Then again, as with both rock and punk, sometimes immersion can be good, which is another reason cassettes have their place even beyond LPs. That is, when the noise maven is damn good sometimes you wanna listen for quite a while, 30 or even 45-50 minutes (about as long as one side of a cassette will rationally go). Also, if the noise maven is damn stoned, which often seems to be the case, there might not actually be any urgency to it at all, just heavy texture or some shit, that might again lend itself to an extended bubblebath-like length. Honeymuzzle, a guy I've never heard of named Jonathan Browning on "metals, electronics, tapes, guitar," may not be damn stoned at all, I really can't tell, but he is damn good. This cassette wails. Very heavy and recommended, and, because it's a cassette, immersion is possible. (I just can't do it when I have a CD 'time remaining' display to look at.)

Finnish band. Album opens with an air-raid siren thing for 30 seconds or so, and then it blasts into the first song with a direct homage to the very scream that Tom Araya introduced Reign in Blood album with, lo those many years ago. (Ten, to be exact.) The second track on here, simply by removing that “Angel of Death” scream, stands on its own better, as does the whole album, really. Even more entertaining are the titles of two other EP releases by Impaled Nazarene: Motorpenis and Goat Perversion. In 2000, they put out a compilation album called Decade of Decadence, which is also a great title because Motley Crue already used it for their compilation album, nine years earlier.

(I couldn't find a cover image for Latex Cult, so here's the covers of three other Impaled Nazarene albums instead.)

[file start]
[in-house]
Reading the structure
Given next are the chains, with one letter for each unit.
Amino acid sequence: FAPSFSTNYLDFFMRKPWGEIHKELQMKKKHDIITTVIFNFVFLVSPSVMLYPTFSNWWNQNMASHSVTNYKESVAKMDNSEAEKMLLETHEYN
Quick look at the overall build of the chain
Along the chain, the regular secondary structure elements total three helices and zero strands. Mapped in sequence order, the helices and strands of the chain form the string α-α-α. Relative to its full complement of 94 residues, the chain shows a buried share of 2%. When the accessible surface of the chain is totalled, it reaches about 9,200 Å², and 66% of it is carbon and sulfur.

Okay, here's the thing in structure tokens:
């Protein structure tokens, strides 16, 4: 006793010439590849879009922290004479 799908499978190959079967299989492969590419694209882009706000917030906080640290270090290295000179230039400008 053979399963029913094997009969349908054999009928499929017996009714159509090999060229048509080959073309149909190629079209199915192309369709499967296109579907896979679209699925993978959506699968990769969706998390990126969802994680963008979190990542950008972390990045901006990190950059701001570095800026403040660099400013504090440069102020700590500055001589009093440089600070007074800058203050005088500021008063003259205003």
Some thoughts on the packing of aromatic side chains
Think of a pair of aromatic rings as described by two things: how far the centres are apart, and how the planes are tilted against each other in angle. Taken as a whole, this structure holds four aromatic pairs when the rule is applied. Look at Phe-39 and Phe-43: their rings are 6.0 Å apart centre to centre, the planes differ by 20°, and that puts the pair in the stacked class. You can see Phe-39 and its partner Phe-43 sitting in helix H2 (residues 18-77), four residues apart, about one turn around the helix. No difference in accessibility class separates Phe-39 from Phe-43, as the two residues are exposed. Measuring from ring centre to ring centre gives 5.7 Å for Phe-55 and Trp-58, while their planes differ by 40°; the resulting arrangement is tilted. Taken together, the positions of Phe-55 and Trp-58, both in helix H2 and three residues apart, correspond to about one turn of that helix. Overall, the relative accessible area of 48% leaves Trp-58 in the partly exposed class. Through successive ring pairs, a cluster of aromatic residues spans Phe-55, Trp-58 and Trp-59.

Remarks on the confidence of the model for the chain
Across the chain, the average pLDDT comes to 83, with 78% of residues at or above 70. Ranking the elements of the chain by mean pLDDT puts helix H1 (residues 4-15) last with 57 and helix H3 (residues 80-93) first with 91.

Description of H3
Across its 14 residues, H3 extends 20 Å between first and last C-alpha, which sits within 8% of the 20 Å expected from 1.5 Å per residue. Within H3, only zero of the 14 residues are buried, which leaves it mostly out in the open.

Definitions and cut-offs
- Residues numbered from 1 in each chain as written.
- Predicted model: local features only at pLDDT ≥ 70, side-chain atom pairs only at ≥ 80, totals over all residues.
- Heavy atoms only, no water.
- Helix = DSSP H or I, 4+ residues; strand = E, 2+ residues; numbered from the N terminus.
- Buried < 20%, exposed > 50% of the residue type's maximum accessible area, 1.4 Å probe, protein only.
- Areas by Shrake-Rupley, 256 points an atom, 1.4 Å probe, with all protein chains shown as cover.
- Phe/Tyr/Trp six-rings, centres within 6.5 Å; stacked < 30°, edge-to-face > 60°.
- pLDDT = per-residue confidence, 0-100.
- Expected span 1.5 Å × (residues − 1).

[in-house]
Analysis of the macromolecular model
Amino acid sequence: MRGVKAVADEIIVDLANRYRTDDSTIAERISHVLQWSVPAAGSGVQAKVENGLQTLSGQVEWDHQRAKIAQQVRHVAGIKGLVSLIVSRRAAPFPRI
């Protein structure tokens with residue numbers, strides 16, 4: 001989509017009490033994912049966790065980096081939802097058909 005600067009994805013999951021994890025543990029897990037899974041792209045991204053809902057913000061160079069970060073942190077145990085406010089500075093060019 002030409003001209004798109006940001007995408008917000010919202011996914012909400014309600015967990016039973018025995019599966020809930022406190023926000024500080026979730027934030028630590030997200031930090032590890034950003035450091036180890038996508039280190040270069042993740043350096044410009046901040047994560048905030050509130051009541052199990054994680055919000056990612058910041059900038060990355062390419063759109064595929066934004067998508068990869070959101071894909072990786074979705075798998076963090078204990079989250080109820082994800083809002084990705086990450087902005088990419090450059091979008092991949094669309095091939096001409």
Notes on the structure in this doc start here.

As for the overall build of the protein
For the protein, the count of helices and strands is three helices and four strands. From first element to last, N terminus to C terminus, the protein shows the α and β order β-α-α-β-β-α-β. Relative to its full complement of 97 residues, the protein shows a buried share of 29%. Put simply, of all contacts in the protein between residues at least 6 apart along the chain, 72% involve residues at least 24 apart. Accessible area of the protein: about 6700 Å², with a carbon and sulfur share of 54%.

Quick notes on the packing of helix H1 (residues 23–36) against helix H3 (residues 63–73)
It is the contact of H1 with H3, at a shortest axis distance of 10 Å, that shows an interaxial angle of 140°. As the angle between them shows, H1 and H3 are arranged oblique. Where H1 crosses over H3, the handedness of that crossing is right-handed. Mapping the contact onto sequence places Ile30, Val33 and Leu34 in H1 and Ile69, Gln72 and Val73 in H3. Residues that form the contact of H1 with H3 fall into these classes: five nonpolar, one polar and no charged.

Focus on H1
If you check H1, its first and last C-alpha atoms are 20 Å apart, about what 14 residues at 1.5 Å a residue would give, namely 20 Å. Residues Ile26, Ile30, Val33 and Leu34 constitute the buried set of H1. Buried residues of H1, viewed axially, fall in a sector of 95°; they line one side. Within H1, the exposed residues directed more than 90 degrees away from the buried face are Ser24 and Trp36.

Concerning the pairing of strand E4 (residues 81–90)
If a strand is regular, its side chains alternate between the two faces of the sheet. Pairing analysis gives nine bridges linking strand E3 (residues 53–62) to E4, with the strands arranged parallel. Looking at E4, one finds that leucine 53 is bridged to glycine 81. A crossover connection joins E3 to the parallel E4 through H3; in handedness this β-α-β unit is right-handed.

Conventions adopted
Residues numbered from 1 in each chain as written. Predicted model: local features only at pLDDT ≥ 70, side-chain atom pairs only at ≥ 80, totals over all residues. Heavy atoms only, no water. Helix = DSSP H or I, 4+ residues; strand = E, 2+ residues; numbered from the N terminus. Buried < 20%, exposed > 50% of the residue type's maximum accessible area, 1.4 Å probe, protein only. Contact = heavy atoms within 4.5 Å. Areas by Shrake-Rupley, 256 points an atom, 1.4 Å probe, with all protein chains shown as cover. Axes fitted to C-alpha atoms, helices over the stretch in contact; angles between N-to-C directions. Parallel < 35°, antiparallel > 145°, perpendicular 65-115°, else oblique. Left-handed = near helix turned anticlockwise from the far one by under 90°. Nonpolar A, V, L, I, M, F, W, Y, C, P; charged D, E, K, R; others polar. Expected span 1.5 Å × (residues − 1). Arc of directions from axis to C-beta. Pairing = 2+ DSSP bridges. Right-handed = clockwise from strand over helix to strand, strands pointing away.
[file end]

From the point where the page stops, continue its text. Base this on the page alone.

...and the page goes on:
Nice record, limited to 300. Some of the best artwork yet from Starlight Furniture Co. The center labels on the record itself look especially great. Mine also came with a 16-page booklet from the Texas Commission on Alcohol and Drug Abuse called "How's Your Self-Esteem?" I bet yours does too...
        The music is harsh noise. You knew that already, and I did too, although I don't think I've ever listened to the Incapacitants before. This LP just kind of takes over the room like some exploded digital room sculpture or a glitchy CGI mayhem effect that skips constantly. It keeps reminding me of Michael Snow's new *Corpus Callosum film, if you happened to catch that. Good film, good album. I have no idea which parts of the sound are coming from Incapacitants and which are coming from [In Spite of Flaming Creatures].

Never has an artist released a second album so exactly like their debut. Who else, The Seeds? I can’t think of any other bands whose first and second albums are this alike. Although by the 5th track on here, “Wild Strawberries,” Jandek does try out a new strumming style. Sure, it's the same detuned chord he played throughout both the first album and this one, but the strumming style is new. Vocal style is the same. It's not that Six By Six isn’t as good as Ready for the House, because it's exactly as good; it's the same thing with different words. Ah, yes, but the words are what makes it, because every now and then something that J-Dogg is saying might just catch your ear and you will most likely find yourself riveted for a few scary moments. Here’s a rather terrifying passage on Six By Six that I noticed: “Ah, my hands burn!/ Scarred with these prints/They will leave when I die, that is a fact /The blood will drain/Infection will mix with the blue corpse/But you have it here/You see how it is like the wind/At your back and at your face/Leaves dry and aching branches creak/You walk alone down boulevards/I take you to the sky/Take you to the sky/Take you to the sky/Take you to the sky…”